E-books, hardcovers, online booksellers and stores: Why everybody can win

June 21, 2010: 4:17 PM ET

Michael Edwards, the CEO of Borders

How the e-book and the bookstore can co-exist.

by Michael Edwards, CEO, Borders

We've heard it all before: digital content means the end of physical media. As consumers flock to the convenience of instant gratification and on-the-go content, traditional business models will be overturned, commerce will move online, and traditional retail outlets and the products on their shelves will go the way of the typewriter.

Or maybe not.

There's no question that both books and bookstores are moving an increasingly digital direction. The e-book is the biggest thing to hit the publishing industry since at least the paperback -- if not movable type itself. Even with just 3% to 5 % of the market, e-books are already forcing retailers and publishers to change the way they do business. Industry consultant Mike Shatzkin of the Idea Logical Co. projects that e-books will account for 20% to 25% of unit sales by 2012 -- and he calls that a conservative estimate.

It's easy to understand the appeal of e-books. Because they don't require paper, printing presses, storage space, or delivery trucks, they typically sell for less than half the price of a hardcover book. But price is only part of the picture; after all, the combined efforts of paperbacks, libraries, and used books have yet to drive the $25 hardcover to extinction. For consumers, the lure of new releases at $10 apiece is at least equaled by the appeal of being able to download exactly the book you want, when and where you want it, and carry dozens of titles around with you in a package that weighs less than a single hardcover. More

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  • In praise of reading

    Amid all the talk about the "death of print" and the ill effects of multitasking and our shrinking attention spans, we have overlooked the fundamental truth that storytelling will never die.

    There's so much jawboning lately about e-readers and tablets and e-ink and pay walls. The debate rages. Will Apple's (AAPL) iPad flatten everyone else? Is Amazon's (AMZN) Kindle franchise fading? What about Sony (SNE) and Barnes & Noble (BN)? MORE

    - Jun 16, 2010 9:23 AM ET
  • Why universities should hate the iPad

    by John Patrick Pullen, contributor

    If students embrace textbooks on the iPad, college bookstores may lose their shirts.

    It may be the season for graduation parties and commencement speeches, but colleges and universities are already prepping for next year, even in the bookstore. Next fall, during opening weekend, students will once again file into university bookstores to purchase course materials, school supplies, and a college sweatshirt or two.

    While the university licensed MORE

    May 17, 2010 3:00 AM ET
  • iPad's secret weapon: Marvel Comics?

    Now that we've all seen the iPad and debated its design merits, let's cut to the chase: This thing will rise or fall on content. If Steve Jobs can get a bunch of cool books and apps on the thing, we'll want one. If not, we won't.

    Where will His Steveness get some of those books? I say the same place he's gotten so many movies and TV shows for iTunes MORE

    - Feb 1, 2010 4:18 PM ET
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  • Gunning for the Kindle

    CNNMoney contributor Jonathan Blum reports on the latest offerings in e-readers as part of our team coverage of the Consumer Electronics Show.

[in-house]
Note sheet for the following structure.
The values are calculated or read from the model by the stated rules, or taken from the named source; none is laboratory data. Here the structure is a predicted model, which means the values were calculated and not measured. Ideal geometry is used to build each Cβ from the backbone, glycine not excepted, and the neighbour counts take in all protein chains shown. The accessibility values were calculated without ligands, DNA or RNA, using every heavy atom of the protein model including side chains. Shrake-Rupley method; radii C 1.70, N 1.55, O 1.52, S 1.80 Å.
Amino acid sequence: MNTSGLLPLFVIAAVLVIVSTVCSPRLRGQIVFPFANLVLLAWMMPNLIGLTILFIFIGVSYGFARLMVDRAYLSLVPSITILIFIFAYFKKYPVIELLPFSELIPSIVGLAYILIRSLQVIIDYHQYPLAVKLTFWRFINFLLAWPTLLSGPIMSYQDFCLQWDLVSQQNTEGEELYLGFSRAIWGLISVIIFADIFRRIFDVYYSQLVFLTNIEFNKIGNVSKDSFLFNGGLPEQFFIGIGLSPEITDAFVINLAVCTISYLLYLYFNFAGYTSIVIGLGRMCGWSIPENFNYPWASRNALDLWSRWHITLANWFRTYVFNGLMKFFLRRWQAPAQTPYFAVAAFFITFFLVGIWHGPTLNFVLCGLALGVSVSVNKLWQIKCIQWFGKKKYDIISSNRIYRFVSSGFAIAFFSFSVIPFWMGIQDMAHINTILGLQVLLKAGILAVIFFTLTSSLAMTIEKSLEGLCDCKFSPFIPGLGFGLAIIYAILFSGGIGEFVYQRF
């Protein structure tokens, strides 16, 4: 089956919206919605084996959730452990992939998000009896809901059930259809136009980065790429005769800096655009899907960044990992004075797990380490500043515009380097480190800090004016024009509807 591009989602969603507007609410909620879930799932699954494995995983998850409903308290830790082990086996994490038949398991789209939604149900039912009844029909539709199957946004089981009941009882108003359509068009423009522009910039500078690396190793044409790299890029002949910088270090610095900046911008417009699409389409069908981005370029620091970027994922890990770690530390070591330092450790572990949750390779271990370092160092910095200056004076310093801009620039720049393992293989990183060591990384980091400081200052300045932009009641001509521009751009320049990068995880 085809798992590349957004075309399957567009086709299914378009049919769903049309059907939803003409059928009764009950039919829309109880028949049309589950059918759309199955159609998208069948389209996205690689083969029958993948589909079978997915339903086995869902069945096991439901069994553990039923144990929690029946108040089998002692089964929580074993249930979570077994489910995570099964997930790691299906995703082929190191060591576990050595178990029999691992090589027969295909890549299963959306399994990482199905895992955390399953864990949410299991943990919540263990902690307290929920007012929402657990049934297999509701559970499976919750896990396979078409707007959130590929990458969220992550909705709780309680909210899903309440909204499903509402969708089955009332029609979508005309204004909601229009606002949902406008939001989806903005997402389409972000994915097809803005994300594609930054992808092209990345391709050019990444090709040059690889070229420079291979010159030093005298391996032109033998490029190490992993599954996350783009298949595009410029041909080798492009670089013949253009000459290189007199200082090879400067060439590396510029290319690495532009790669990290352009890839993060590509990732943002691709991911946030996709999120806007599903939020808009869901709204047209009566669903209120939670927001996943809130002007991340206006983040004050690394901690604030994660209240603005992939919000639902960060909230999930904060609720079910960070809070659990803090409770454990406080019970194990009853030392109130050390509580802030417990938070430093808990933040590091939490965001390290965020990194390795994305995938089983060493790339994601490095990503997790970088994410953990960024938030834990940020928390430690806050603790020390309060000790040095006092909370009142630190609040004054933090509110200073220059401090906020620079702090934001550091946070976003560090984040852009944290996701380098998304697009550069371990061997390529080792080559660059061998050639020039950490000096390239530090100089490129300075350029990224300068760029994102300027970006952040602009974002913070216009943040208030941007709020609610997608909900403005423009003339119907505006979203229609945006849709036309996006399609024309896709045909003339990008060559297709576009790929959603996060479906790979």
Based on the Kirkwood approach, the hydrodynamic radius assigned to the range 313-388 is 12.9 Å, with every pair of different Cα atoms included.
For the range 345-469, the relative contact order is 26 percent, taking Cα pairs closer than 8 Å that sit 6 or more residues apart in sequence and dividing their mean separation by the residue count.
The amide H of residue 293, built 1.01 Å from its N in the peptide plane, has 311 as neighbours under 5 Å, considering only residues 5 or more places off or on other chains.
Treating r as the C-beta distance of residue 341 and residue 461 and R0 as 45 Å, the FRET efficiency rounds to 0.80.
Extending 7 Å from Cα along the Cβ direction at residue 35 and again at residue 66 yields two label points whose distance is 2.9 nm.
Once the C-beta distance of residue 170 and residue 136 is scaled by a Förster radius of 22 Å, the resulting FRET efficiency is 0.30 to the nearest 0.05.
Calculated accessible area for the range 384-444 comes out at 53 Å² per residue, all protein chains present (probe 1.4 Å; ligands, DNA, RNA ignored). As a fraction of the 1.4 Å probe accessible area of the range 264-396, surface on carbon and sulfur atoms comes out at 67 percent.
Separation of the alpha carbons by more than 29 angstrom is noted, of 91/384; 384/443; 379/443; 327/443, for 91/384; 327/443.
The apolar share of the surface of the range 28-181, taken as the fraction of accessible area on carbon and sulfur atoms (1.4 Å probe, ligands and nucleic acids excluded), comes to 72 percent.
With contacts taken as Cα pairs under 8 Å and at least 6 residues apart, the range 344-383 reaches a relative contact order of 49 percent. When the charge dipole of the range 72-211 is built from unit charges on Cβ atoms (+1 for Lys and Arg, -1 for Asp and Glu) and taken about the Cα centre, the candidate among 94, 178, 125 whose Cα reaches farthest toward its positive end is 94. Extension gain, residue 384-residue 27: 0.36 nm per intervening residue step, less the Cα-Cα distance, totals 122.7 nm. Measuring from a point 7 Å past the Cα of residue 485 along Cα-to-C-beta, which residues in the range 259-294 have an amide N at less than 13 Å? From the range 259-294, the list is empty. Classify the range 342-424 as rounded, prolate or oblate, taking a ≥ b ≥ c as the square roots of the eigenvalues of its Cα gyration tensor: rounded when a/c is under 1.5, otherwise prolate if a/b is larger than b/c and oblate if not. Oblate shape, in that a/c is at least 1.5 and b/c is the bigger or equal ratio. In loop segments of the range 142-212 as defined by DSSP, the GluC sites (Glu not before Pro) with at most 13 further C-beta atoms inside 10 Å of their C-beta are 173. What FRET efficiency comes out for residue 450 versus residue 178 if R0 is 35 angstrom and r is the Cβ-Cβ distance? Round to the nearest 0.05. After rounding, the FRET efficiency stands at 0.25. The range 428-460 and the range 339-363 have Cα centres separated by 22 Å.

- Jan 7, 2010 10:16 PM ET
  • Barnes & Noble bets on the Nook

    If you're the type of early Christmas shopper who bought a Kindle last week, I hope you kept the receipt. On October 20, Barnes & Noble (BKS) ceo Steve Riggio took the stage before hundreds of authors, agents, publishers and pundits to debut its electronic reader, the Nook.

    The Nook will sell for just $259, a steep discount from competitors like the Sony (SNE) Reader and the iRex DR800SG , which both retail for $399. The price suggests Barnes & Noble is going straight for Amazon (AMZN), which recently lowered the Kindle's price to $259.

    - Oct 20, 2009 8:05 PM ET
  • Is this Apple's e-book trojan horse?

    Tyrese Gibson's Mayhem is the first digital book for sale on iTunes 9 – perhaps an early sign of Apple's (AAPL) desire to take on Amazon's (AMZN) Kindle and Sony's (SNE) Reader in the digital book market.

    I would have missed the significance of Mayhem on iTunes if I hadn't run into Gibson himself on Wednesday. After the Steve Jobs iPod keynote, I spotted the actor/singer known for roles in action MORE

    - Sep 11, 2009 6:30 AM ET
  • Sony fires latest salvo in e-reader war

    In what is fast shaping up to be a war in the e-reader marketplace, Sony (SNE) has launched the latest salvo, a sub-$300 touch-screen "Reader Touch Edition" and the $199 "Reader Pocket Edition," which features a 5-inch display. The company is also lowering prices of ebooks. New releases and best-sellers will all be $9.99, matching Amazon's (AMZN) price point for the first time.

    In addition to lowering prices, adding a touch-screen MORE

    - Aug 4, 2009 7:37 PM ET
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  • Barnes & Noble unveils largest ebookstore

    Book retailer partners with Plastic Logic and Google to take on rival Amazon.

    The world's largest bookseller has taken the wraps off the world's largest e-bookstore. Barnes & Noble (BN) announced yesterday the availability of more than 700,000 digital e-books, along with free e-reader software for the iPhone, BlackBerry, Mac and PC platforms. "It's a unique every-device strategy," said William Lynch, president of BN.com in a conference call.

    The strategy is MORE

    - Jul 21, 2009 8:00 AM ET
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